We're advising some clients about how to reach out to hyperlocal communities that are losing their community print editions. There are opportunities but they will require a willingness to try new things and more budgets and resources to support events.

Monday, April 11, 2022

10 Components of a Success Thought Leadership Campaign

In the past several posts, we've written about thought leadership campaigns, comparing them to product PR and identifying five ways thought leadership can benefit an organization.

In this post, we wanted to identify ten of the success factors for conducting an effective thought leadership campaign:

  1. An executive willing and able to provide industry insight, even if it might be controversial. As we mentioned in the prior article, we helped a semiconductor startup take on Microsoft regarding industry standards. That only works if executives are confident in their position. 
  2. An executive able to commit the time necessary to brief your thought leadership team and to conduct interviews with them and with reporters, podcasters, and other influencers. We had secured a live CNN interview at a major trade show for one executive but he decided he didn't want to get up in time to be in position for the interview at 7AM so we had to decline. 
  3. Identify your objectives. It's important to identify why you're conducting a thought leadership campaign. If it's because the company is looking to raise money, that will help focus on the topic and the audience segment to address. If it's to find business partners, that means a different set of topics and audience, etc. Of course, one of the goals is to build trust and credibility but how you achieve that will be determined in part by the topics you address.
  4. Identify the right topics and expertise. The issues you address can be a point of differentiation but pick topics that you can "own" and that are relevant to you and your customers. It can be okay if other companies are also addressing the same topic -- but you need to figure out a compelling perspective. (More on that in the next bullet.) We've had clients who were serial entrepreneurs so that their expertise and topics might be different from a CEO who helps grows companies but doesn't launch them. (Launching requires different skill sets from growing a company.)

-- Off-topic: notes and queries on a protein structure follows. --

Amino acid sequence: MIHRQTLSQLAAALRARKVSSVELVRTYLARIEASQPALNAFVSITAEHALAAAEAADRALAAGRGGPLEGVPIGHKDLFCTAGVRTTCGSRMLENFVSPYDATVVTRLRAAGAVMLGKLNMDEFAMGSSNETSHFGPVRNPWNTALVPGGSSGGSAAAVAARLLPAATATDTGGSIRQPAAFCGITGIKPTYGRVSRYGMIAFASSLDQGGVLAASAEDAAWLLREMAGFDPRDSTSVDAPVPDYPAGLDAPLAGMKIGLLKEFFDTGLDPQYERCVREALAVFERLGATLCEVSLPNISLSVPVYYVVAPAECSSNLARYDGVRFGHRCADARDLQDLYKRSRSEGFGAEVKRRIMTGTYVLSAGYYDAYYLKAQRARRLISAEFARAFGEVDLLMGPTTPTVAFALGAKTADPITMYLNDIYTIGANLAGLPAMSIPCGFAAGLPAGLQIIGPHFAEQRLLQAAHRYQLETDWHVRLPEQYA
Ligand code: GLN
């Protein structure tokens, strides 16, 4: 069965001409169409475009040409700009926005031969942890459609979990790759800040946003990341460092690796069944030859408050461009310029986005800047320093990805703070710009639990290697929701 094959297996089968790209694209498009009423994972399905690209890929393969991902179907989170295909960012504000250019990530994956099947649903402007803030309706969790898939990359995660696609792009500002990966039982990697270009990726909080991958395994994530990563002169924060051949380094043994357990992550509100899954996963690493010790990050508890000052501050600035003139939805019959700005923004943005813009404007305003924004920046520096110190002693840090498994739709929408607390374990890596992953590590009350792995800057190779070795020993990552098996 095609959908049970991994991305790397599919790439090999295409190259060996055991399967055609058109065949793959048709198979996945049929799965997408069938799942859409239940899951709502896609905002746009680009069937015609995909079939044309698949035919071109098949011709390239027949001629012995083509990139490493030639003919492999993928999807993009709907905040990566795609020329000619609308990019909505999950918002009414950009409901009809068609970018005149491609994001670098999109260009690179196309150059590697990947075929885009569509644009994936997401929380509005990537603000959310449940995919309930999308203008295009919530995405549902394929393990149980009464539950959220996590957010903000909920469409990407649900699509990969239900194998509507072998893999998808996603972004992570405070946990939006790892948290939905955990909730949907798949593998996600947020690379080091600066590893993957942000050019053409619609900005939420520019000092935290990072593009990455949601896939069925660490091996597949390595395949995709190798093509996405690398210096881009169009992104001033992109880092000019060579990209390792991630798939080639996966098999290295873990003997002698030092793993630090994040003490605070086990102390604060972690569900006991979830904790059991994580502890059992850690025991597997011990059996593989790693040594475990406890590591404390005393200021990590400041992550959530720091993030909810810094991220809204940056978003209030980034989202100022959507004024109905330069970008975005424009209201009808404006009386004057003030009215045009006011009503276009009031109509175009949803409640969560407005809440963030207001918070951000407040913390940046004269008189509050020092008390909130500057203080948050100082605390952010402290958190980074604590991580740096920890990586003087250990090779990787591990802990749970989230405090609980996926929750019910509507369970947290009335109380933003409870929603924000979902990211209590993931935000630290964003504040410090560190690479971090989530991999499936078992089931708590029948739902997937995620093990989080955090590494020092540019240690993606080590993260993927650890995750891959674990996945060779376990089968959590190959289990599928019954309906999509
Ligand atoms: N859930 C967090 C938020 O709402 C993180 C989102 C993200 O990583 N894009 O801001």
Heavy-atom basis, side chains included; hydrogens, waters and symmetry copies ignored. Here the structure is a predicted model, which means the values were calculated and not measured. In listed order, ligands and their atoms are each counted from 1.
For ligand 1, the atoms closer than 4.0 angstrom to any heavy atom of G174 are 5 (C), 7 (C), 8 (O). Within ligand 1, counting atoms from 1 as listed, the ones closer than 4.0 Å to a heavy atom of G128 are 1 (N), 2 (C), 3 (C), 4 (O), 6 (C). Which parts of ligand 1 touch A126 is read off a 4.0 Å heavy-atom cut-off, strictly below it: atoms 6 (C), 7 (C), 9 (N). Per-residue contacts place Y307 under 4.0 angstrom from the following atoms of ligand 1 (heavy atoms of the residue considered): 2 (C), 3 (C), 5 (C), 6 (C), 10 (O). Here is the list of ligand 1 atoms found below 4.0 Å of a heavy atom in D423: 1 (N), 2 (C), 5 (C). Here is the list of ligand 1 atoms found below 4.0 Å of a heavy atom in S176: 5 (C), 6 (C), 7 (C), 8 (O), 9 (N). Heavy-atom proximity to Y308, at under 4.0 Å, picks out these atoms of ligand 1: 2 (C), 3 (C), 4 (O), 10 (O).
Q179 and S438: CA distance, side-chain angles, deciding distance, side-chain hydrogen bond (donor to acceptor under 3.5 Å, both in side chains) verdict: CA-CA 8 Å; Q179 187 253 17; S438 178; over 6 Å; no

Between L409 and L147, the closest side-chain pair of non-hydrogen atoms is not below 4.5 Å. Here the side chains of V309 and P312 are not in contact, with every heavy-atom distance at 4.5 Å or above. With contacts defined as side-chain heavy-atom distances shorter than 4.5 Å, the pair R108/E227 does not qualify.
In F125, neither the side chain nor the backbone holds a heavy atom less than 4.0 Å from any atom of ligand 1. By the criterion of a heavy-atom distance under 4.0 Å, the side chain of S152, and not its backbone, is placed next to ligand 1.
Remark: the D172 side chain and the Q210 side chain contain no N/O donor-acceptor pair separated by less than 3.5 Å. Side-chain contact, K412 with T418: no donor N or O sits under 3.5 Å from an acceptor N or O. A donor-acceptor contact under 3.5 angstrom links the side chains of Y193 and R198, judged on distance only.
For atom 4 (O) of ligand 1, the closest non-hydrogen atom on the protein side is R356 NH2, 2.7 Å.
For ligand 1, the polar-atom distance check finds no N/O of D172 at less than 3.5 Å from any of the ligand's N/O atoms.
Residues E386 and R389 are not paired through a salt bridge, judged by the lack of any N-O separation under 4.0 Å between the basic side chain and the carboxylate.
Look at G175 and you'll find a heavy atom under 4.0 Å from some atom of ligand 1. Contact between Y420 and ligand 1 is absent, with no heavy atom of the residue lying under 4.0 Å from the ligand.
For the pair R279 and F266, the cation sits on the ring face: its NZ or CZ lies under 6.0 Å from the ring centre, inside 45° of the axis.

5. Need a compelling viewpoint on industry issues. The topic may be the same as what others are discussing -- that's how you know it's a good issue. But you need to make sure you have a compelling perspective on that issue. And that viewpoint can't be seen as self-serving because editors won't be interested and it could turn off potential customers. The viewpoint and insight needs to touch on issues that are important and relevant. And the executive needs to be able to discuss the insight in a compelling way -- and that may not always be possible. We once had a terrific client who, on one topic, couldn't give a compelling interview even though he was excellent on every other topic. We asked him about that, and he said, "Oh, I find that topic boring." We then never let him talk to a reporter about that topic; we used a different executive whenever that topic came up. You need to educate (not sell) audiences about your topics and you need to develop insights that help distinguish your company from others in your market. In addition to insights, we've found that using analogies can help audiences grasp clients' perspective.  Avoid jargon when possible. Provide best practices and lessons learned.
  6. Need to use that viewpoint to convey the organization's values and personality. The viewpoint needs to match the company's values and personality. Many customers look for companies that are authentic and whose values mesh with their own -- and they get upset with anything that seems deceptive. By way of example, we recently got approached from an advocacy group but when we checked them out, we found that they weren't nonprofit (though their URL was a dot-org) and they weren't actually nonpartisan (though they said they were). Those were red flags, and we quickly and easily decided not to pursue the opportunity. 
  7. Set reasonable, achievable goals. The term "reasonable" means different things to different organizations. It depends on the industry issue -- for example, the issue may be seasonal so it means in off months, there's limited activity. It depends on the executive's availability -- he or she might be able to devote only a couple of hours per month to briefings and to any actual interviews; in that case, you shouldn't pursue dozens on potential media interviews -- you should focus on just a handful. We also once had a potential startup client in stealth mode that wanted two articles in the Wall St. Journal before they actually announced anything. (We told them, respectfully, that if they were in stealth mode, it was for a reason, and therefore two articles before launch was unrealistic. They went elsewhere, and as far as we can determine, never secured a single article in the Journal.)
  8. Set reasonable demands. This is slightly different because by this we mean: expecting to blog twice a week may be a very aggressive timetable. We know that executives need to review content, and they may not have time to review content on a timely basis to meet the expectation of posting twice a week.